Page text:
The lack of experience may also be an advantage. The new recruits can be taught the company’s culture and ways without them having any pre-conceived ideas of what should occur. This way, the company’s training representative is able to teach them new techniques without having to remove the pre-conditioned methods that other companies may adopt.

Since the recruits are at the beginning of their career, they may take the role very seriously as they are willing to create an identity for themselves within the company. This ambition may allow them to pay closer attention to their work as to ensure they are meeting the company’s standards and also show their new perspectives in doing so.

Due to their recent graduation, their knowledge should also be up-to-date! The new methods that were taught to them may allow them to be more efficient in their work and they may also be more knowledgeable on the ever-changing technology within a workplace.

Lastly, hiring fresh graduates may also benefit the company in the financial sense. As they are new to the industry and lacking in experience, the salaries offered would reflect this. Their goal would usually be to gain on-the-job knowledge and therefore would not have high expectations when it comes to compensation. Of course, this should not be an excuse to underpay the new recruits but rather just a cost-effective approach to consider.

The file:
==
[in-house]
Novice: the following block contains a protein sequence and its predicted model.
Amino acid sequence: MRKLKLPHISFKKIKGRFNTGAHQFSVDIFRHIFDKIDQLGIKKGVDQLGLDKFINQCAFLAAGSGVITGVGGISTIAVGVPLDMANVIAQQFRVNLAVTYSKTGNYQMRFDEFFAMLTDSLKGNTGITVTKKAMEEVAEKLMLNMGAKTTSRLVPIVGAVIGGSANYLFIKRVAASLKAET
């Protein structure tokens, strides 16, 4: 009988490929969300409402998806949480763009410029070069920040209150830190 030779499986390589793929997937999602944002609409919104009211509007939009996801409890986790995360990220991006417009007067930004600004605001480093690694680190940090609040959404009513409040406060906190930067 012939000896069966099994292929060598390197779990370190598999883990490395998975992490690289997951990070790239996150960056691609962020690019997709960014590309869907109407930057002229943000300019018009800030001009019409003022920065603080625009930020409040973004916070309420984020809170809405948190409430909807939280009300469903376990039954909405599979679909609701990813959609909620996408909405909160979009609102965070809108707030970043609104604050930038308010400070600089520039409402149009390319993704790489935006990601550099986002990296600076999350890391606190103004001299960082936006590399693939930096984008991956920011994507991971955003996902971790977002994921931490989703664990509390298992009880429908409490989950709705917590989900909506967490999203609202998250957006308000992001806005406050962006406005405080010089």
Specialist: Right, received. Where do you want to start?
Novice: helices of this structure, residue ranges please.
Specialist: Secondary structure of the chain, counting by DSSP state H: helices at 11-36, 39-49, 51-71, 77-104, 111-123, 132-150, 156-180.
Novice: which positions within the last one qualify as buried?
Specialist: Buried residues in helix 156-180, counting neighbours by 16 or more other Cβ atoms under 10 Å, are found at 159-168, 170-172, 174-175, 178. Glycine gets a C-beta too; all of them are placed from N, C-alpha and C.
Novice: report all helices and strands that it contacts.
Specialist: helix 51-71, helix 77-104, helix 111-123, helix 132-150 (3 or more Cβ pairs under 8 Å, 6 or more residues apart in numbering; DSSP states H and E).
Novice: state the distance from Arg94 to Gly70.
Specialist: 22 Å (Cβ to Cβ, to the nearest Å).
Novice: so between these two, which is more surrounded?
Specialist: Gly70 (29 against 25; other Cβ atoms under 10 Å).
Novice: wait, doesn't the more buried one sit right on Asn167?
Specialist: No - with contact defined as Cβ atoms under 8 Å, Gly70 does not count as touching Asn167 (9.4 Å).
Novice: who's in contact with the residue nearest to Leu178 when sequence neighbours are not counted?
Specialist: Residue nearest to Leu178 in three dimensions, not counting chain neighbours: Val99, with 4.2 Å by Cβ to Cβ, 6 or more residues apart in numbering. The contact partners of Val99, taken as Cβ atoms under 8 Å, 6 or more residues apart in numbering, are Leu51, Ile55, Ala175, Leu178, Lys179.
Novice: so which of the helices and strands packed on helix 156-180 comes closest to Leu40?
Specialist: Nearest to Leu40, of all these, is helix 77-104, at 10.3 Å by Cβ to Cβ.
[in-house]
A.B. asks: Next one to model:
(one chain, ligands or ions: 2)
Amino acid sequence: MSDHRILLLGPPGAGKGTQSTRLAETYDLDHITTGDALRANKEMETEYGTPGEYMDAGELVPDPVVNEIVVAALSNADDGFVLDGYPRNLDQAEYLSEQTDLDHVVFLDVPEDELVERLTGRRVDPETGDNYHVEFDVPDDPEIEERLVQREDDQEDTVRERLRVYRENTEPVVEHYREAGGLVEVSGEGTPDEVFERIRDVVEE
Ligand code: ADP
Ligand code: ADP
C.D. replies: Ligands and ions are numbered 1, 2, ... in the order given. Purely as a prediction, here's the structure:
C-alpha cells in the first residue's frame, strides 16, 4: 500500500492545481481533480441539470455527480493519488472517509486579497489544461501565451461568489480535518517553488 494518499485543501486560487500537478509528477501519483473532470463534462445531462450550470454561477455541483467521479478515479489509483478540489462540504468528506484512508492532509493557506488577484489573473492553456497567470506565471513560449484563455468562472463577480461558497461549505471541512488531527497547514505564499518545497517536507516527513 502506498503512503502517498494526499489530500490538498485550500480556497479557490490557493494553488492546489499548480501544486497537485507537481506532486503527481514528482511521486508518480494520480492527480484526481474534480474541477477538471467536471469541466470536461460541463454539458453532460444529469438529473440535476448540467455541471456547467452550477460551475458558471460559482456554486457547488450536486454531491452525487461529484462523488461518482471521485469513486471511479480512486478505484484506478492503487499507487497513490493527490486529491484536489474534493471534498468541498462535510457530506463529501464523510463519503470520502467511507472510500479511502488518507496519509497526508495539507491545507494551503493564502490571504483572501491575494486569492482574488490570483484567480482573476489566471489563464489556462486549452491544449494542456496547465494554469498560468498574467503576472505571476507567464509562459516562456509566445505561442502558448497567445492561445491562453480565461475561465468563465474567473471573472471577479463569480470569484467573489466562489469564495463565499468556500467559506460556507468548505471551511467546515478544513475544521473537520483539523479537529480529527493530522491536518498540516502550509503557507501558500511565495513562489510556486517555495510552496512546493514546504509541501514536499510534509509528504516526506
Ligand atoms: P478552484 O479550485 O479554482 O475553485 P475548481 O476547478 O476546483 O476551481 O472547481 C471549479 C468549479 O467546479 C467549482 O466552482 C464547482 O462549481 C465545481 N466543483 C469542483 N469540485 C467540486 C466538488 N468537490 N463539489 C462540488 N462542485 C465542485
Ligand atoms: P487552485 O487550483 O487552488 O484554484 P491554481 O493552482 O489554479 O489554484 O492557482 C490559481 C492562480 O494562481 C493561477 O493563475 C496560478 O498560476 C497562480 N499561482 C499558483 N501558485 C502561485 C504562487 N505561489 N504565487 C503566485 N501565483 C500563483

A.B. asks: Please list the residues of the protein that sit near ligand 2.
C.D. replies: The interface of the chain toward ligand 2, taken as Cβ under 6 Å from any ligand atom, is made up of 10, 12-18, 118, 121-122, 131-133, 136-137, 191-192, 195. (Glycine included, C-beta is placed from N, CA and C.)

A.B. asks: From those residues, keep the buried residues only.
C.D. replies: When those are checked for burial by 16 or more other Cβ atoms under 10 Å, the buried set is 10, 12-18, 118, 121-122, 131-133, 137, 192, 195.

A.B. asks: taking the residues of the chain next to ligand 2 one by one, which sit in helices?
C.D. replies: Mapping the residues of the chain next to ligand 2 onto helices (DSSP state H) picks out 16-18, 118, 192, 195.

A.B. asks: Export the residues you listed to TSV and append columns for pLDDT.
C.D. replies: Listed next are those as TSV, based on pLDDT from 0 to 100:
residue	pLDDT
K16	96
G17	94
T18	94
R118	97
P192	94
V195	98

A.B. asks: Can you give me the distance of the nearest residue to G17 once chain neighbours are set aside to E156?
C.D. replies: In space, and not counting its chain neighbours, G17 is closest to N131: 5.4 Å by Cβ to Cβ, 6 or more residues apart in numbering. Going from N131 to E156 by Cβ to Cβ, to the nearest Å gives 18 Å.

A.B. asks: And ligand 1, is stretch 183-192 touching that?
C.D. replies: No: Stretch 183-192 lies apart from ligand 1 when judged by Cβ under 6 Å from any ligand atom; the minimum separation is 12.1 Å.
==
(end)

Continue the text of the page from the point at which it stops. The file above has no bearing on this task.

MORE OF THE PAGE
There are various ways that you may adopt a fresh graduate into a company. Following the selection and recruitment process, one must keep in mind that certain soft skills must be taught during the induction process. Employers should understand that most people who have just completed their studies tend to have limited exposure to office experience and therefore may not know how to go about proper office etiquette and formal email communication.

Integration may also happen by on the job shadowing. A mentor may be assigned to the new recruit as so on-going development is created through training. The goal of on-the-job training would be to assist them in finding and developing a future of the recruit within a company, which could also fashion a sense of loyalty and would lessen employee turnover.

All in all, it is easy to say that recent graduates may be at the bottom of the shortlist due to their inexperience, but this may not always be the case. The new perspectives and skills that can be brought to the table could be a great potential benefit for the business’s long term!


Thea Bharwani Scicluna, Trainee Executive